Phototransistors not going completely LOW

Thread Starter


Joined Apr 20, 2004
I see a couple of potential problems. Your emitters are not being driven very hard. The mocrocontroller's outputs are not meant to push current. Using a Darlington array (one of the ULN series, like the ULN2803) will let you operate those IRLED's at closer to 50 ma so they are a lot brighter.

Second, your phototransistors turn on when lit and pull the level down. Using a larger resistor in series, like 27K, will let the signal drop closer to ground. At any rate, going to within .1 volt is well within the LOW logic level.


Joined Jan 28, 2005
I am having a problem with the RS phototransistor going completely LOW when the sensor is blocked. It goes from +5v to +.10v not allowing the PIC Microprocessor to see the low (absolute zero) state. If you look at the schematic and look at the top right, you will see the diagram of the phototransistor location. I have used a 15k resistor to pull the source to ground when the phototransistor is blocked at RB0, RB1, RB2 and RB3 at the PIC. Apparently it is not working because it doesn't go to 0v (low). The PIC is looking for a 'high' when the sensors are not blocked. If I force the pins to ground, all works fine. I used the 15k resistor upon recommendation, but now I am thinking I should have used a 10K as normally suggested. I have the PCB completely assembled and installed, so it isn't that easy to pull out and start experimenting. If I know this could be a fix, I'll do just that but it would be nice to know before I start tearing things apart. Any suggestions?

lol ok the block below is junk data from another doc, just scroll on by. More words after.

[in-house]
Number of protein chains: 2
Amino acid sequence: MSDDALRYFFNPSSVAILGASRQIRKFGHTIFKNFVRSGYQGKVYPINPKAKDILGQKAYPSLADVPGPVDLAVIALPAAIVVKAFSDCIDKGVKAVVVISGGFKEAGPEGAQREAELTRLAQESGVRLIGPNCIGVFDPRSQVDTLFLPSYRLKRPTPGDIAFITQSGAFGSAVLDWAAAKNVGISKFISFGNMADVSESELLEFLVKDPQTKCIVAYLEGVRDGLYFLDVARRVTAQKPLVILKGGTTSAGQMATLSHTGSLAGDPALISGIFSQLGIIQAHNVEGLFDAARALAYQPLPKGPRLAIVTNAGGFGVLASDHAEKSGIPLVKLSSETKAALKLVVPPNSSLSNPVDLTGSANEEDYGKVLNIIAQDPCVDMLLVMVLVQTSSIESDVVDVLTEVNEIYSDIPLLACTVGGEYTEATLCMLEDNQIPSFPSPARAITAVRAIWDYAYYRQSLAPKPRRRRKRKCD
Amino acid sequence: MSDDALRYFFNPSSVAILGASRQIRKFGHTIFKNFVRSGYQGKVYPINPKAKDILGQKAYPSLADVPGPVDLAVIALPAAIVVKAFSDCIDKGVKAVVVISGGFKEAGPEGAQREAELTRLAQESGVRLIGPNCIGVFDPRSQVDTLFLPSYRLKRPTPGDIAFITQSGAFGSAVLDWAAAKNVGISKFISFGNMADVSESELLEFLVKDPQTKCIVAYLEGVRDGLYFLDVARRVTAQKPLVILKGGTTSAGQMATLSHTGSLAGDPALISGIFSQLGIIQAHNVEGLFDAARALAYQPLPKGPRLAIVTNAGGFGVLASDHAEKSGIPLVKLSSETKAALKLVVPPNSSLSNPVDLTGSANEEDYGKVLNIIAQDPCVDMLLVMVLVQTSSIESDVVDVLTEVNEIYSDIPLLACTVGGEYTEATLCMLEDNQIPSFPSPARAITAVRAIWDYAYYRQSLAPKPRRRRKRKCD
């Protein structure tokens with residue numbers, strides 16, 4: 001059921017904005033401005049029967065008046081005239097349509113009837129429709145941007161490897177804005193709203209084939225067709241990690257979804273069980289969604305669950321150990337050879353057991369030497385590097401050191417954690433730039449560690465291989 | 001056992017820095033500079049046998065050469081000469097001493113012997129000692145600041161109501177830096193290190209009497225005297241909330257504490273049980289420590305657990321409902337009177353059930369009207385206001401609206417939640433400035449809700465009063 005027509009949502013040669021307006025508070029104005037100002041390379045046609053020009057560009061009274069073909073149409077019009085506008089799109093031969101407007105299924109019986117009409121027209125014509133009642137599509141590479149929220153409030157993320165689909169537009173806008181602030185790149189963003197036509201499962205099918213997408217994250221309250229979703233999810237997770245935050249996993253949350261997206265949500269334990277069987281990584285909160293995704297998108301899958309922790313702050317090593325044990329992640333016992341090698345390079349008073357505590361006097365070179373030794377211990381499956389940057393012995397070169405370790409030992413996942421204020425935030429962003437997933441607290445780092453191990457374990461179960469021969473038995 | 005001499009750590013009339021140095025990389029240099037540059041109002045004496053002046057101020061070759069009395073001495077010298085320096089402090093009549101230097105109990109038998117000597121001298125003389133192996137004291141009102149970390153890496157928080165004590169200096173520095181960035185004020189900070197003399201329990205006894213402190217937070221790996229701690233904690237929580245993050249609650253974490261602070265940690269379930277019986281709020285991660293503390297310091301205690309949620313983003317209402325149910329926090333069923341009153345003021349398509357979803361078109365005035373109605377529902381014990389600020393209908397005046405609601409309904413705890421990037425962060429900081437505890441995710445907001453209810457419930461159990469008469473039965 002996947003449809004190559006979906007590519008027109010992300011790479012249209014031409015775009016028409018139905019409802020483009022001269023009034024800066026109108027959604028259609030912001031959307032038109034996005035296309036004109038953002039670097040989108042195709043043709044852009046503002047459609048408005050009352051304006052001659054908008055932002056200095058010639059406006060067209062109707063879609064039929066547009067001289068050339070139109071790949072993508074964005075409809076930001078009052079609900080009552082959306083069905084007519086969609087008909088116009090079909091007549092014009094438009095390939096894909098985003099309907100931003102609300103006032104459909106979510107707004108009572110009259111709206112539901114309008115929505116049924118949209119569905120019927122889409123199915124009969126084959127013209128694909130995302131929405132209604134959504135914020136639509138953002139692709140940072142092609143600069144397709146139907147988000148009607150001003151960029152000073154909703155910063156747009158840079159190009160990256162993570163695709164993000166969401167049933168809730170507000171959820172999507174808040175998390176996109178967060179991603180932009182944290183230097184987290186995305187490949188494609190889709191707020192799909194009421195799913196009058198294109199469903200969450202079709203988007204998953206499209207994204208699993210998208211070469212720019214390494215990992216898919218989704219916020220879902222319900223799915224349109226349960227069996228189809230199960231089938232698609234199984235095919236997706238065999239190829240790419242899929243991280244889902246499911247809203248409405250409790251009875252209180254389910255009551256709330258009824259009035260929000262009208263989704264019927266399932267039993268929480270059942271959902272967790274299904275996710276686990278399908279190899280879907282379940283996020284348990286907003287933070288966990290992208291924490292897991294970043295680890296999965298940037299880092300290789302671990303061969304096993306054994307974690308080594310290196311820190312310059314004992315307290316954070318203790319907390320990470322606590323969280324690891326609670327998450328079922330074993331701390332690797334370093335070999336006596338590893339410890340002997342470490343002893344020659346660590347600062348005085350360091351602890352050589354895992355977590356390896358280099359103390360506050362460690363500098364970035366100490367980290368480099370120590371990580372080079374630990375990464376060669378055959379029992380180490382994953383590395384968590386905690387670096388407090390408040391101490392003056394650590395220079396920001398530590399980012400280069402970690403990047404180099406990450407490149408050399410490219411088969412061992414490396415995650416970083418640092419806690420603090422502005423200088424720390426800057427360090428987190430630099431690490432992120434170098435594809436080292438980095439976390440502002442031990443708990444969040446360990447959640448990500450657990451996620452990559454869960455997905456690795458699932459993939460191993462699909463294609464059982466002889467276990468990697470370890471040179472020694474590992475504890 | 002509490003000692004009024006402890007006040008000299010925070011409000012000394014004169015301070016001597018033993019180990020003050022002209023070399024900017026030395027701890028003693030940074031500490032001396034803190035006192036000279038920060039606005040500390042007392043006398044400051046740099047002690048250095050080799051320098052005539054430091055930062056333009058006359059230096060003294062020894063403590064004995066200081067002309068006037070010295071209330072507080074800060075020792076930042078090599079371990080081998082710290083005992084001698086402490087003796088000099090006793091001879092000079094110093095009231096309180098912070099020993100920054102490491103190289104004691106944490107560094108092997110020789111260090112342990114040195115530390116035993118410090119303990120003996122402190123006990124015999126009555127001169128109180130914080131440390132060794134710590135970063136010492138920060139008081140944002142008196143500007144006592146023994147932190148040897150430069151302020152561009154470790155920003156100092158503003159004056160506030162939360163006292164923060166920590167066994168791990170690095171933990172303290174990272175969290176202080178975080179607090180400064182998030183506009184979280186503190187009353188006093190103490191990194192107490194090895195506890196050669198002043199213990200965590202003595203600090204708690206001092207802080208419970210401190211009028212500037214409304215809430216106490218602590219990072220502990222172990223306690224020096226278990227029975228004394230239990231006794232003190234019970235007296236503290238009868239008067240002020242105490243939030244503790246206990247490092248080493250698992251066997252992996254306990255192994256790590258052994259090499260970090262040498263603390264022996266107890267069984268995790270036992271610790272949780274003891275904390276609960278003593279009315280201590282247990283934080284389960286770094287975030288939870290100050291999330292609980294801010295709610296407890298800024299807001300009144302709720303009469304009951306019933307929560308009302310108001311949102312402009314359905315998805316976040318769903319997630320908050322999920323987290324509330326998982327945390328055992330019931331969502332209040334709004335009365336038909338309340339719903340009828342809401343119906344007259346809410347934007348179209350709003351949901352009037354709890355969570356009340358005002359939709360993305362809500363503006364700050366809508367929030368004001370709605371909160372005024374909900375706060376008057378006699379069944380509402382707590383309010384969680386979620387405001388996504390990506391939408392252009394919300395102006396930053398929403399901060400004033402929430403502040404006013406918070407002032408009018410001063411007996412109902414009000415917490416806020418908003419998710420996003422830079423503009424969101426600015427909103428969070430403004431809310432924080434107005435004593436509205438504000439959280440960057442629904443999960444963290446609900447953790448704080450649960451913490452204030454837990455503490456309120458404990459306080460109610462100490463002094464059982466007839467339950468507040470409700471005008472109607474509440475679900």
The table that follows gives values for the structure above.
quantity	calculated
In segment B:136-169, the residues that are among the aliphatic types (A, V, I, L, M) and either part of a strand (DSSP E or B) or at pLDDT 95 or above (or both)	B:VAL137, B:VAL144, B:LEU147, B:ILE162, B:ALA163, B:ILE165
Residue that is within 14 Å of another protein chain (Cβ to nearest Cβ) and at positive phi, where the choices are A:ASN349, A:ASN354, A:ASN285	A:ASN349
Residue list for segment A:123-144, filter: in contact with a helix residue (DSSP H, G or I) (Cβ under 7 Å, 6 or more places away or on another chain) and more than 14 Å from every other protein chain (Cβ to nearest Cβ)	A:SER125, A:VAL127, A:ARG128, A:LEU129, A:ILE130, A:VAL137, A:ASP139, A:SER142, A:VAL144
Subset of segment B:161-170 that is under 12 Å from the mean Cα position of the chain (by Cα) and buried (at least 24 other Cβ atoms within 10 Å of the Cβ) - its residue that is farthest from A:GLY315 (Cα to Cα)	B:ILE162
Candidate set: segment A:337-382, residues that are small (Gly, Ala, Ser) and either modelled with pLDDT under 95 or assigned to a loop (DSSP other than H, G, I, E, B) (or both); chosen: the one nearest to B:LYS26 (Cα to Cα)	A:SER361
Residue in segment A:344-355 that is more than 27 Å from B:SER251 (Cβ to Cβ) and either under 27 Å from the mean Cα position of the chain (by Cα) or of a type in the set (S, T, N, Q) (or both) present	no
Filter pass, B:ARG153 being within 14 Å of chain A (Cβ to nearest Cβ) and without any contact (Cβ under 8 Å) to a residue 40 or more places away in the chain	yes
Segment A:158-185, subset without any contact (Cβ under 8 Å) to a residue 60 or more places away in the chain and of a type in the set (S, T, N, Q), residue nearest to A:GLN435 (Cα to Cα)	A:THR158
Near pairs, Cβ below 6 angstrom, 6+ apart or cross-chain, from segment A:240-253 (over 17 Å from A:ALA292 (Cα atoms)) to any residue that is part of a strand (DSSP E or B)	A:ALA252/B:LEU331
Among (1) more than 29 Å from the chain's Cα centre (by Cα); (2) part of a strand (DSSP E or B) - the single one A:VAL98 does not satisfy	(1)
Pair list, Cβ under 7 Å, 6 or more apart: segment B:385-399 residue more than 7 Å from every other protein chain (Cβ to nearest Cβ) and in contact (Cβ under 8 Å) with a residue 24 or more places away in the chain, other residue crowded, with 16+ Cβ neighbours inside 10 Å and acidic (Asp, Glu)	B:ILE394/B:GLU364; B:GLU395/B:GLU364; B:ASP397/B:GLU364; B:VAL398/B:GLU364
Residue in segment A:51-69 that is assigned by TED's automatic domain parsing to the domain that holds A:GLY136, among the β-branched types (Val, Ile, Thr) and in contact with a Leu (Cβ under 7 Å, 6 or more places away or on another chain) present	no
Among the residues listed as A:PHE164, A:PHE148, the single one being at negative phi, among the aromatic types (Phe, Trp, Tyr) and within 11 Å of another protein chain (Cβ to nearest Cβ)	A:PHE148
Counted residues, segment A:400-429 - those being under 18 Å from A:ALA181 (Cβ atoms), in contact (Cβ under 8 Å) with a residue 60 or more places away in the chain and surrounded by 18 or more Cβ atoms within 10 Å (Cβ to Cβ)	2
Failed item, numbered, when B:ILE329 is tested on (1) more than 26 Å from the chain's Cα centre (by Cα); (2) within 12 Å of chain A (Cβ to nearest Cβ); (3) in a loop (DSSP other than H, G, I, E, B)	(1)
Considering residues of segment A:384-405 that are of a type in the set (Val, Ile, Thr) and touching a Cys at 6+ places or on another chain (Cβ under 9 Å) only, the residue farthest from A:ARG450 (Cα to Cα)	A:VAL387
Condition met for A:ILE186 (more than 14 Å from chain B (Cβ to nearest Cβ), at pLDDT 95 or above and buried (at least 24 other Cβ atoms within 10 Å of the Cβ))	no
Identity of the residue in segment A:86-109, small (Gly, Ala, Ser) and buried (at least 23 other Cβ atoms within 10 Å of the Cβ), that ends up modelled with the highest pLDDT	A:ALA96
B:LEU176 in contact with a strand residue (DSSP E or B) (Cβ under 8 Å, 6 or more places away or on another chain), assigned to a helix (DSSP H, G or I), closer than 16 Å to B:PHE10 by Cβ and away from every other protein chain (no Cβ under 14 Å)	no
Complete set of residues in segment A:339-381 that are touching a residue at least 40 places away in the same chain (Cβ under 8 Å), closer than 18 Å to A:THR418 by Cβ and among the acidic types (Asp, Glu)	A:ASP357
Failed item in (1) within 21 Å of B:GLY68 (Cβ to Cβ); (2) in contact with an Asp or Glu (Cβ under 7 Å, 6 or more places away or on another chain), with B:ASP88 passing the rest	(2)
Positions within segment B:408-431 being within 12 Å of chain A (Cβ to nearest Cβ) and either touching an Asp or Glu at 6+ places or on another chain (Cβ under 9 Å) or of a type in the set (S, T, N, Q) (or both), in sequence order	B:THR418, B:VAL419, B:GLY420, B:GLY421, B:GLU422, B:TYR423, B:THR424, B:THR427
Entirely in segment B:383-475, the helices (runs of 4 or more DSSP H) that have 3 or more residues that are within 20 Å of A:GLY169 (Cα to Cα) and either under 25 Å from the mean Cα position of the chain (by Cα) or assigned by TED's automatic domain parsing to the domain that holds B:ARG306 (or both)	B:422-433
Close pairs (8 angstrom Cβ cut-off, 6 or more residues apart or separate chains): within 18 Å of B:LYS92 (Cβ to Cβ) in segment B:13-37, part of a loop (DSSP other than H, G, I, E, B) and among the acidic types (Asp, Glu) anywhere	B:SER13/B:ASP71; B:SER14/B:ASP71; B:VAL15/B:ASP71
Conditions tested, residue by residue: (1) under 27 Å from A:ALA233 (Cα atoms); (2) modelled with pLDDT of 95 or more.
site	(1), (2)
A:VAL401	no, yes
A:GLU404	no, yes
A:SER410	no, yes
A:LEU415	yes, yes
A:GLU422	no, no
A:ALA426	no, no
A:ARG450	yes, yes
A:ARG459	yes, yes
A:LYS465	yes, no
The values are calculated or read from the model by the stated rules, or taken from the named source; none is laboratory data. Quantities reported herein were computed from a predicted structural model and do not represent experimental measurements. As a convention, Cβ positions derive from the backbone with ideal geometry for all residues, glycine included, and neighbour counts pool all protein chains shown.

Thanks all.
The sensor output needs to apply a high to the input of the PIC when the phototransisor is illuminated. Conversely, the sensor output need to apply a low to the input of the PIC when the phototransistor is not illuminated. One possible explanation would be there is a portion of ambient light source illuminating the phototransistor. You can determine if this is a factor contributing to your problem by darkening the room and testing the performance of the sensor. If this is the problem you can use a technique referred to as aperturing. Aperturing involves placing a short piece of tubing between the phototransistor and the LED. The tubing is placed over the phototransistor so that it lines up with light source.